Dusty Work Can Lead to Breathing Problems
Chasing dust bunnies from under a couch can give rise to sneezing. But, some people deal with dust day-in-and-day-out in their jobs. For coal miners breathing in coal dust, they can develop the condition called black lung, medically called pneumoconiosis.
Symptoms of pneumoconiosis include tightness of the chest, shortness of breath, and coughing. Due to these breathing problems, individuals suffer from cyanosis, when the skin turns blue at the fingertips and toes due to low oxygen levels. Individuals also tend to suffer from bronchitis, an inflammation of the bronchial tubes. The inhaled dust can severely damage the small air sacs, alveoli, in the lungs causing emphysema.
Pneumoconiosis doesn't develop overnight. It takes exposure of dust over a long period of time. The type of dust an individual was exposed to will dictate the specific type of pneumoconiosis an individual suffers from. The various dust exposures include coal dust, silica, asbestos, beryllium, and natural fiber dust from fabric manufacturing. An individual can prevent developing pneumoconiosis by avoiding exposure to and inhalation of dust.
To diagnose pneumoconiosis a doctor will take a full occupational history. Chest X-rays are used to view how much dust has accumulated in an individual's lungs. Pulmonary function tests show “how much air an individual's lungs hold, how quickly an individual can move air in and out of their lungs, and how well an individual's lungs put oxygen into and remove carbon dioxide from the blood.”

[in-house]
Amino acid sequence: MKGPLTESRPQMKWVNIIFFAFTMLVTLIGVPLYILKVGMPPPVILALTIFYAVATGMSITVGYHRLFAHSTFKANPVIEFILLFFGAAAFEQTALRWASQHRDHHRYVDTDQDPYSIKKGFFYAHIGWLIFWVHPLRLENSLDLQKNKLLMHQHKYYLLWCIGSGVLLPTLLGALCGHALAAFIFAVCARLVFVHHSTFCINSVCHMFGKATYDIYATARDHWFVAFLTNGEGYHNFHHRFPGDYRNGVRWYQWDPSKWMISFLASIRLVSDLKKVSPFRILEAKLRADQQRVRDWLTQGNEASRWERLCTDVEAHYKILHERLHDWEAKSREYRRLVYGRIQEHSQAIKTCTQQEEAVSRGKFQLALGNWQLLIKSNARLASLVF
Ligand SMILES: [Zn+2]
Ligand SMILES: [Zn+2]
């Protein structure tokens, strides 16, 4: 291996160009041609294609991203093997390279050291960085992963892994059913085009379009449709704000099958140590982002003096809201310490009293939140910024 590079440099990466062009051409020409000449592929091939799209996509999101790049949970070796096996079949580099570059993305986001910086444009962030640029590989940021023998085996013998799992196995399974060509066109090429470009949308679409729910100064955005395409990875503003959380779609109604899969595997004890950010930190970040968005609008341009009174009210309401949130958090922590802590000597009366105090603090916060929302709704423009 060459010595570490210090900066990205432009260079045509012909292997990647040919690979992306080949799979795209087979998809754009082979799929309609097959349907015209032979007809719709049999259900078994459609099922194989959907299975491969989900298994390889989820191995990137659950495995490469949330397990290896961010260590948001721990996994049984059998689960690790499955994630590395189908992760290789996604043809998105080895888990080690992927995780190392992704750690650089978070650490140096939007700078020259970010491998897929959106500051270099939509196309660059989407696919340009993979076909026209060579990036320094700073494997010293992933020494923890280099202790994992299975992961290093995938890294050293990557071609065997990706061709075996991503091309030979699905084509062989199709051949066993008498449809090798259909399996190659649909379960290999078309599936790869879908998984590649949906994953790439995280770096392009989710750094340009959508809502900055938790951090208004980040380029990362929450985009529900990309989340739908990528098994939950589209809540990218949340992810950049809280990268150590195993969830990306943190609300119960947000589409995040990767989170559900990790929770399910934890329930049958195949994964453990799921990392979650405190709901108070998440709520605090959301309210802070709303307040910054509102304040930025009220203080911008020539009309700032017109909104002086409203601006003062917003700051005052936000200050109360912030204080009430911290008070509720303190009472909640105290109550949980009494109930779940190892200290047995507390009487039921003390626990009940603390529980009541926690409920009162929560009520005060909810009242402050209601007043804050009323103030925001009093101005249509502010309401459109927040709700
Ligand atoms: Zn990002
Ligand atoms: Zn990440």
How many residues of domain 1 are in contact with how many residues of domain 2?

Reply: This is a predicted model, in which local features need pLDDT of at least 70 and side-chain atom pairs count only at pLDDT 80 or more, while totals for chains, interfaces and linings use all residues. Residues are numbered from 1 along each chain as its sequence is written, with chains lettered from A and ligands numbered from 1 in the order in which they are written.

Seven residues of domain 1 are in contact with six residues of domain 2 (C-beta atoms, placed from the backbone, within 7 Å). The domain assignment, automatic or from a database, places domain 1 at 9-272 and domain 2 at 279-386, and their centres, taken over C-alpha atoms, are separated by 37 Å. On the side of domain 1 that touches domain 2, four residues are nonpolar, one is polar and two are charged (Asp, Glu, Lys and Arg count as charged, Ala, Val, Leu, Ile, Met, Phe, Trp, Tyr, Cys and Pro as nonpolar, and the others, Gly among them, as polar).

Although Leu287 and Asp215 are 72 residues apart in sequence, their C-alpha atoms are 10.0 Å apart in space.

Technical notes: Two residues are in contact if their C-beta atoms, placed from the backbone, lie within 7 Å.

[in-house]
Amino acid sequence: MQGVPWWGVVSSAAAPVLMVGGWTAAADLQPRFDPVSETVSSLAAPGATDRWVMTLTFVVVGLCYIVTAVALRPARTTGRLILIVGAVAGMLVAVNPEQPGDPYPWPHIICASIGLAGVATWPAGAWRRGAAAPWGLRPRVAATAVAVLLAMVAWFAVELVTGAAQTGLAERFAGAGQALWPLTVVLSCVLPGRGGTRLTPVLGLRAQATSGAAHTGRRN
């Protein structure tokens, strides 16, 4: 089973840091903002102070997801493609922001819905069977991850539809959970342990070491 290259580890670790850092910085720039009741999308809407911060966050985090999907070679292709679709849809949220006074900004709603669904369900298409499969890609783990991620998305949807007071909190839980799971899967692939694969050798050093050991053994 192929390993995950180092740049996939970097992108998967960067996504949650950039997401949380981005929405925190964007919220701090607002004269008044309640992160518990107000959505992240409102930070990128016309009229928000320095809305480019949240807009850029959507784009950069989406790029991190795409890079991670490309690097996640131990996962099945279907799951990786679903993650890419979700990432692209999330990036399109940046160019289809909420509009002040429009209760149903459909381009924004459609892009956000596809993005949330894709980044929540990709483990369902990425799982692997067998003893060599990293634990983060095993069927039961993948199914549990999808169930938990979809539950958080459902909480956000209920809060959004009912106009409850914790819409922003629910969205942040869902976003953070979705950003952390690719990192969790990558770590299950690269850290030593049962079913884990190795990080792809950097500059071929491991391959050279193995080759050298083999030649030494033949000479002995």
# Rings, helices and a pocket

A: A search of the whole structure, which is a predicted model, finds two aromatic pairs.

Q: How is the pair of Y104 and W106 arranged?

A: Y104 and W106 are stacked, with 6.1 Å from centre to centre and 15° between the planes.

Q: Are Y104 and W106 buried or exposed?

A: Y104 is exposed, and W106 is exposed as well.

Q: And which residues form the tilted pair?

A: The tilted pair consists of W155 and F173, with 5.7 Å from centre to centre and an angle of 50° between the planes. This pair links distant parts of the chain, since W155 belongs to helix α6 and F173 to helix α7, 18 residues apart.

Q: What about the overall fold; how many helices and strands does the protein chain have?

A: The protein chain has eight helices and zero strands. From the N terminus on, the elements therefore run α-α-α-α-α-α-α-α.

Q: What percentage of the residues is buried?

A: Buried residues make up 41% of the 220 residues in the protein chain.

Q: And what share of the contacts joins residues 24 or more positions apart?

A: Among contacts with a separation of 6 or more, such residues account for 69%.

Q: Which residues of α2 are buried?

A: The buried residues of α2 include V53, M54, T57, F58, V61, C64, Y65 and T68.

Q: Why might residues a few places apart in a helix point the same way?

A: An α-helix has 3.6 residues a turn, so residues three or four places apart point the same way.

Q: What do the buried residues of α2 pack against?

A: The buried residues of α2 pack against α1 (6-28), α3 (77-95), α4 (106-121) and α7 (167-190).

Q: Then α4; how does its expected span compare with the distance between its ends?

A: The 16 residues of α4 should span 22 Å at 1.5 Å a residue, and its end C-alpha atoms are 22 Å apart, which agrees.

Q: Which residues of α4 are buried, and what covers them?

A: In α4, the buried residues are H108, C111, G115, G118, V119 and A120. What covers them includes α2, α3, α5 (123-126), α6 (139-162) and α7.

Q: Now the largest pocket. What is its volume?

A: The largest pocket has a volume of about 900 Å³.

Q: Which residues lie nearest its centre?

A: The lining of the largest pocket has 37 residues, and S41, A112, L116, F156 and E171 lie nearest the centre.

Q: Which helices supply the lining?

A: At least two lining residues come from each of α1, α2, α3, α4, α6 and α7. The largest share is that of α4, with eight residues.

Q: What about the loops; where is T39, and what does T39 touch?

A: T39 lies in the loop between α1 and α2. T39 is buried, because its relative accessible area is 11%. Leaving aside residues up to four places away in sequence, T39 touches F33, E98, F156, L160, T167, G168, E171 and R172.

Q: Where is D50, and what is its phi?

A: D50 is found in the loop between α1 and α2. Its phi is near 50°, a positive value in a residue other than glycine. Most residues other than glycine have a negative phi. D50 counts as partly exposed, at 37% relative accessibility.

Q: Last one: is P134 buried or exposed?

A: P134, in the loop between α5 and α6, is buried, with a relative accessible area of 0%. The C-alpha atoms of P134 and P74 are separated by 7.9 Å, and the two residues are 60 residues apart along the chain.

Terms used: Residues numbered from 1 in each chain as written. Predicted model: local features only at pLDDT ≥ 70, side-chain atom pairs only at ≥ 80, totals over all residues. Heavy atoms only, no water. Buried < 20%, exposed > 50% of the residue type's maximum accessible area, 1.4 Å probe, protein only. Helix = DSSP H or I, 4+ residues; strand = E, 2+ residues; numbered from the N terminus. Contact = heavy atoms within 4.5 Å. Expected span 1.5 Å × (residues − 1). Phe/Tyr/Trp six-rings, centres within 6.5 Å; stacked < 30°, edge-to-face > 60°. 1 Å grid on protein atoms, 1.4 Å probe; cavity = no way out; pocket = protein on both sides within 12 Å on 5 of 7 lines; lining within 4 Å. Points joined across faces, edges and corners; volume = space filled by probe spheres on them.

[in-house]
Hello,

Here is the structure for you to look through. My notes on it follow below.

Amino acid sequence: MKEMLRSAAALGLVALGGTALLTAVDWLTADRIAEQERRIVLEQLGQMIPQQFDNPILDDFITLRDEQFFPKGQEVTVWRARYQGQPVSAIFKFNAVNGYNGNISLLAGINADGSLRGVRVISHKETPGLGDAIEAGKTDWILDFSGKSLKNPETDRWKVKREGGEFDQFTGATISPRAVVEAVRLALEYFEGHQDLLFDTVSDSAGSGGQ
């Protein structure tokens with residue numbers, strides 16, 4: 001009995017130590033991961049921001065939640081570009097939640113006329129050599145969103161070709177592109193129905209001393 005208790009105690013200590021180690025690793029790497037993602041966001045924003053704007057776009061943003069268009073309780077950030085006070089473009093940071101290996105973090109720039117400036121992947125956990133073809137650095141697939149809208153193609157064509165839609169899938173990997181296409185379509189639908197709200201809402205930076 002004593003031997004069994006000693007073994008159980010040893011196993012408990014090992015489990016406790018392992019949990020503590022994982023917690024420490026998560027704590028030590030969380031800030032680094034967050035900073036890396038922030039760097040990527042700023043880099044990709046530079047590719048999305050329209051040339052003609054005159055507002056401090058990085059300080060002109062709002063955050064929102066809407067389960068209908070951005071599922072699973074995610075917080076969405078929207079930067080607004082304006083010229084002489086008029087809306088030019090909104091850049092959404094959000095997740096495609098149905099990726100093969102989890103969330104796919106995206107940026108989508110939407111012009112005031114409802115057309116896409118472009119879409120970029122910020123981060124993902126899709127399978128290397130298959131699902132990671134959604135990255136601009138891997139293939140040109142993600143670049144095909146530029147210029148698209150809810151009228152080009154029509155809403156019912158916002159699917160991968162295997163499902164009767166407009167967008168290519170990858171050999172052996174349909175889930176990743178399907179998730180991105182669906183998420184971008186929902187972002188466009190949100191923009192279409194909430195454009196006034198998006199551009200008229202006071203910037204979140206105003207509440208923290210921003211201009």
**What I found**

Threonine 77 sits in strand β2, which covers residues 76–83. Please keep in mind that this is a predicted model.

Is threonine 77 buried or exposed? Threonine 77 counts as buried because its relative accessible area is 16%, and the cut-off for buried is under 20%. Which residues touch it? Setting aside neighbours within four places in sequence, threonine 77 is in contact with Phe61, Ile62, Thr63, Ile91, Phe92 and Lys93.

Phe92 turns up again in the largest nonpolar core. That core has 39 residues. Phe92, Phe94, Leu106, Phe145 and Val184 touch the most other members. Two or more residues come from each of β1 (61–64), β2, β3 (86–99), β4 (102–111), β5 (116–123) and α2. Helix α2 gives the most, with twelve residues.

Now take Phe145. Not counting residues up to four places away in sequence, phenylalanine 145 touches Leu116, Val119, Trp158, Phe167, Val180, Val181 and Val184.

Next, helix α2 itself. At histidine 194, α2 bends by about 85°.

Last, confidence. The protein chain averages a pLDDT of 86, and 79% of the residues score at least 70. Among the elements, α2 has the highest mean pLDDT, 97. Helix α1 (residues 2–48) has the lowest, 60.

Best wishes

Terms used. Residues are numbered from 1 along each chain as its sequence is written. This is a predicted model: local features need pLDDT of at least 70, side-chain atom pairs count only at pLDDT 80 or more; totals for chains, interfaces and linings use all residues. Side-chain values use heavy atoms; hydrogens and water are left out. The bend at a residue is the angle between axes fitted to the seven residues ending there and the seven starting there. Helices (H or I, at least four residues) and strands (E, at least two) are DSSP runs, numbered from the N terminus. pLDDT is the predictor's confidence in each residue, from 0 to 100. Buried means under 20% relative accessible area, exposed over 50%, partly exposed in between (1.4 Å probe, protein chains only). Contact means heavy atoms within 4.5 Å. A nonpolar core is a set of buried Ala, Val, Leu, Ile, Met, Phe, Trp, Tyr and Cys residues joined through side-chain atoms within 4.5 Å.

Pneumoconiosis cannot be reversed. Doctors treat the symptoms an individual suffers from. Quitting smoking is strongly recommended. Bronchodilators are used to relax lung muscles to allow an individual to breath easier. If an individual's pulmonary function tests shows low blood oxygen, oxygen therapy can be prescribed.
Social Security Disability
Pneumoconiosis is evaluated by the Social Security Administration (SSA) similarly to chronic pulmonary insufficiency, also known as chronic obstructive pulmonary disease. The SSA reviews pulmonary function tests for one-second forced expiratory volume in relation to an individual's height and forced vital capacity in relation to an individual's height. These tests may be required for both pre-bronchodilator tests and post-bronchodilator tests. The SSA will also look at impairment of gas exchange by looking at arterial blood gas values through a blood test that is “analyzed for oxygen pressure, carbon dioxide pressure, and pH.” Arterial blood gas values are evaluated in relation to where a testing site is in relation to sea level.
Social Security Disability applications require extensive documentation on an applicant's medical condition. With pneumoconiosis, the medical documentation includes X-rays and multiple pulmonary function tests. If you are considering applying for disability benefits, contact our experienced attorney to assist you.